On March 18, 1990, at 1:24 a.m., two thieves posing as Boston police officers stole 13 artworks estimated at $500 million from the Isabella Stewart Gardner Museum. In Rotherwas Project 2, Kota Ezawa brings together these artworks in the historic Rotherwas Room.
Well, sort of...
In his Gardner Museum Revisited, Ezawa has given the disappeared Gardner artworks new life in the form of dynamic and colorful drawings set in glowing light boxes. Included are Ezawa’s unique cartoon-like versions of paintings by Vermeer, Rembrandt and Manet, drawings and sketches by Degas, and a single antique Chinese vase.
These stunning reimaginings are displayed to scale in the Rotherwas room along with an image of an empty frame after the theft and Ezawa’s six-minute animated film of the security tape recorded the night before the largest unsolved art heist in American history.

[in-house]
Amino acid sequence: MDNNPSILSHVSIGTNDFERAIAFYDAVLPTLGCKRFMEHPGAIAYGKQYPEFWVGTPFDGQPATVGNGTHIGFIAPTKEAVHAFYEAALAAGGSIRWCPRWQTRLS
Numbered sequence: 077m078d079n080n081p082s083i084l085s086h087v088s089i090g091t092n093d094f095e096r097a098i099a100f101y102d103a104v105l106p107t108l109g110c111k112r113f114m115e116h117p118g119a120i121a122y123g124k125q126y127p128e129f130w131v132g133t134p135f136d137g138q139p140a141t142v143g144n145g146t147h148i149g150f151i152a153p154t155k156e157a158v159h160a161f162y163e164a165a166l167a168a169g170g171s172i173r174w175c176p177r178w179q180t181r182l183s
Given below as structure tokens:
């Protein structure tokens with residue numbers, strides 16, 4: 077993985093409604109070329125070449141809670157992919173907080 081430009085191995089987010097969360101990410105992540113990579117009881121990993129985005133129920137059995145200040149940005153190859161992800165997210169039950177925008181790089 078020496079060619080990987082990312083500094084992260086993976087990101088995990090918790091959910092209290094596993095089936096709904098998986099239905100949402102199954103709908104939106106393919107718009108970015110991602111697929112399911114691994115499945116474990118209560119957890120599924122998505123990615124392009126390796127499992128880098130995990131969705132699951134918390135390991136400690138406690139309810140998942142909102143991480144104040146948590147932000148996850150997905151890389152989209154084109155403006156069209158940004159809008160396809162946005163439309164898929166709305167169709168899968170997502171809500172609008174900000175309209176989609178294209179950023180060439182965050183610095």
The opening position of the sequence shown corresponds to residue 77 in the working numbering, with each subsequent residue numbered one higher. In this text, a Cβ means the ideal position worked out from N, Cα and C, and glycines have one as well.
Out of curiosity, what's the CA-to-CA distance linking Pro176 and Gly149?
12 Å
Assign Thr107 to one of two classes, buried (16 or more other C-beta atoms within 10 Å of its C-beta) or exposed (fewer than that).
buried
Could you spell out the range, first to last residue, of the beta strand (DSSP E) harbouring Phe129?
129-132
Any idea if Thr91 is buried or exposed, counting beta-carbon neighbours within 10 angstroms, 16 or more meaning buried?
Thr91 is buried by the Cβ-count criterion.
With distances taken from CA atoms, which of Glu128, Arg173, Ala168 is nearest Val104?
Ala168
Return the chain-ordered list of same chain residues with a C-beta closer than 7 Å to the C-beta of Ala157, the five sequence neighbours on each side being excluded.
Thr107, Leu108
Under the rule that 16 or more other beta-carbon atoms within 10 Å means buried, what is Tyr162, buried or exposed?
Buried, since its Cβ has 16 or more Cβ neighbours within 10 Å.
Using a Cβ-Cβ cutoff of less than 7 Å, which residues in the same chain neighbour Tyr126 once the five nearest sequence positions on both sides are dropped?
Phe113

Kota Ezawa was born in Cologne, Germany, in 1969 and grew up outside of Stuttgart. He received his BFA from the San Francisco Art Institute and his MFA from Stanford University. Ezawa received the SECA Art Award from the San Francisco Museum of Modern Art in 2006. He is an Associate Professor of Film and Fine Arts at California College of the Arts. Ezawa lives and works in San Francisco.
The Rotherwas Project is a biannual exhibition series that features artworks by contemporary artists from around the globe in the Mead’s historic oak-paneled room. Creating an installation in situ, living artists will plumb the incongruous notions of time already present in this provocative space, which was originally built for a manor house court in Herefordshire, England.
Commissioned in the early 1600s by the English knight Sir Roger Bodenham, the room was finished in 1611, dismantled in 1731 and shipped to a Fifth Avenue showroom in 1913. The Rotherwas Room made its way to Amherst thanks to the generosity of Herbert Lee Pratt, Class of 1895. Construction of the Mead in 1949 was designed to accommodate this dramatic architectural installation from another time.